A reporter from the Doncaster Free Press, Hayley Patterson, was told by the FA that “one bell was confiscated and one banner that DRFC security deemed unsuitable”. No reason was given for the confiscation of the bells, more than one, and the explanation that it was the host club’s security directly contradicted what the stewards had said about being instructed by the FA. After the game, the items were given back to the fans, with the exception of the banner, which was being kept “as evidence”. There was no explanation of who was keeping it, or what it was evidence of.

Vic Akers, the manager of the Arsenal women’s team that won the final that day, and which currently stands as the dominant club in the English women’s game, says the FA’s decision to relegate the Belles is “morally scandalous” and “unjust”. In the Doncaster Free Press, sports writer Paul Goodwin wrote: “Decisions like this set a dangerous precedent. Bang go the concepts of competition, fair play and a level playing field to do it all on.”

The Belles are not only an iconic team, they are a community club. As the Popular Stand website says: “While the town’s other football stars, like Kevin Keegan and Graham Rix, went beyond the borough to achieve success, the Belles have done it right here.” Karen Walker, capped 83 times for England and a Belle through and through, says” “There’s a feeling here that we are representing the North”. In 2009, the Belles launched Belles for the Community, Britain’s first social enterprise that delivers social, health and educational services with women’s sport as its focal point.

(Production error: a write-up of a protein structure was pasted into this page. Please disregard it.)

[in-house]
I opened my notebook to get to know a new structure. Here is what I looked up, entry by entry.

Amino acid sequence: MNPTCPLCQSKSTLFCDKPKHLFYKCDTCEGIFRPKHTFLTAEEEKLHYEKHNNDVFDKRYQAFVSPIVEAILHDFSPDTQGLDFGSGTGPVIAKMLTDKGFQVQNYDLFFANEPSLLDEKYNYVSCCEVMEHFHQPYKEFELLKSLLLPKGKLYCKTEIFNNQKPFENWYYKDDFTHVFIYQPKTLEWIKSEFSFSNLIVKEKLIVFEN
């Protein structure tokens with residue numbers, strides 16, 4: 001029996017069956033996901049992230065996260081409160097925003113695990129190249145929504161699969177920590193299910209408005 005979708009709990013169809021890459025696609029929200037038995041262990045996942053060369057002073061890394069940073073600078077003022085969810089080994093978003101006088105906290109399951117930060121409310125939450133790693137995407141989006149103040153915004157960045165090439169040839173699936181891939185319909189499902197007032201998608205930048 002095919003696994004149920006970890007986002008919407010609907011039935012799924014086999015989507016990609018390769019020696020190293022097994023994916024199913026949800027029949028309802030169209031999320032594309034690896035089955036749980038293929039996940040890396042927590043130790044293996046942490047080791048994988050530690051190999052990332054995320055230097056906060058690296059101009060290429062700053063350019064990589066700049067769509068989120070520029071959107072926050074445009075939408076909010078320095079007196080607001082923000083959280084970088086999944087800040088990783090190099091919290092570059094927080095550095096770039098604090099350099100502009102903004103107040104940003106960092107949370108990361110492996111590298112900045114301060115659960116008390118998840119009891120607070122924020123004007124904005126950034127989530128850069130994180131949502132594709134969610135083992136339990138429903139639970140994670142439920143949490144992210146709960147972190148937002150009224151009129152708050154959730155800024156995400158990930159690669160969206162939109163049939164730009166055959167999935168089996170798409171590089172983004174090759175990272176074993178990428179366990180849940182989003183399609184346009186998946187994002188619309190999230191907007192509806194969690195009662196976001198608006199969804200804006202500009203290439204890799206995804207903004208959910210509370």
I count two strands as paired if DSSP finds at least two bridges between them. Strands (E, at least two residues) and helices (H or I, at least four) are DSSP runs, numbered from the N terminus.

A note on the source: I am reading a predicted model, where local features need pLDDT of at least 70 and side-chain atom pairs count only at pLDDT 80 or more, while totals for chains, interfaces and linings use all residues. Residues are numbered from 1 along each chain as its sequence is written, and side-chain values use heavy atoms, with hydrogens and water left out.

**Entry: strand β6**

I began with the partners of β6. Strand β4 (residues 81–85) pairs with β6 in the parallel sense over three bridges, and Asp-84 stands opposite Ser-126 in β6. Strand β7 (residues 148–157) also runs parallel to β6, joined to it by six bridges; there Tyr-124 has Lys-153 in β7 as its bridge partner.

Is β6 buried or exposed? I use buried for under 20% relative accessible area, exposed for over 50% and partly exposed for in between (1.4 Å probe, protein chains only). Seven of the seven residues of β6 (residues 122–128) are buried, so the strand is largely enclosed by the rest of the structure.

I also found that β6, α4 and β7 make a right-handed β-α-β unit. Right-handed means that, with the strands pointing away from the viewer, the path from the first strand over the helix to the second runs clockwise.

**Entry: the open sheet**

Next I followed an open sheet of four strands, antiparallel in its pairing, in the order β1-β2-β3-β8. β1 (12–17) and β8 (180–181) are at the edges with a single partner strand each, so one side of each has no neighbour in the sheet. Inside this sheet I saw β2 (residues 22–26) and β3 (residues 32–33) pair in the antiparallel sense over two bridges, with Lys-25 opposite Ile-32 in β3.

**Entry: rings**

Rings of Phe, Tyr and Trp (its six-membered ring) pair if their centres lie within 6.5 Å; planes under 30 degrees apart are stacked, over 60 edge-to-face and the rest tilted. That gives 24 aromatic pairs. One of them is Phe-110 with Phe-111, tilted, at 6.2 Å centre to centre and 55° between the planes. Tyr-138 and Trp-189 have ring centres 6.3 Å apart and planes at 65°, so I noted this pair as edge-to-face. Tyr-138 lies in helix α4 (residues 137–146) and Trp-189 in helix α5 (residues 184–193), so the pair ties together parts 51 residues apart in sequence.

You’d think the FA would be rushing to make the Belles its poster material. But instead of holding the club up as evidence of all the things the game likes to tell you it stands for, the FA has opted for another approach. It has swept aside one of the basic principles of sporting success, sentenced a club to a season of playing matches in a campaign it has already lost, refused to provide more than a cursory explanation of its decision, and attempted to marginalise and silence voices of protest.

This is the modern football business.

UPDATE: Doncaster Rovers have now told the Popular Stand website that the decision to ban the banner was theirs.

Doncaster Belles. Photograph: Getty Images

Martin Cloake is a writer and editor based in London. You can follow him on Twitter at @MartinCloake.

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Theresa May’s Brexit speech is Angela Merkel’s victory – here’s why

The Germans coined the word “merkeln to describe their Chancellor’s approach to negotiations. 

It is a measure of Britain’s weak position that Theresa May accepts Angela Merkel’s ultimatum even before the Brexit negotiations have formally started

The British Prime Minister blinked first when she presented her plan for Brexit Tuesday morning. After months of repeating the tautological mantra that “Brexit means Brexit”, she finally specified her position when she essentially proposed that Britain should leave the internal market for goods, services and people, which had been so championed by Margaret Thatcher in the 1980s. 

By accepting that the “UK will be outside” and that there can be “no half-way house”, Theresa May has essentially caved in before the negotiations have begun.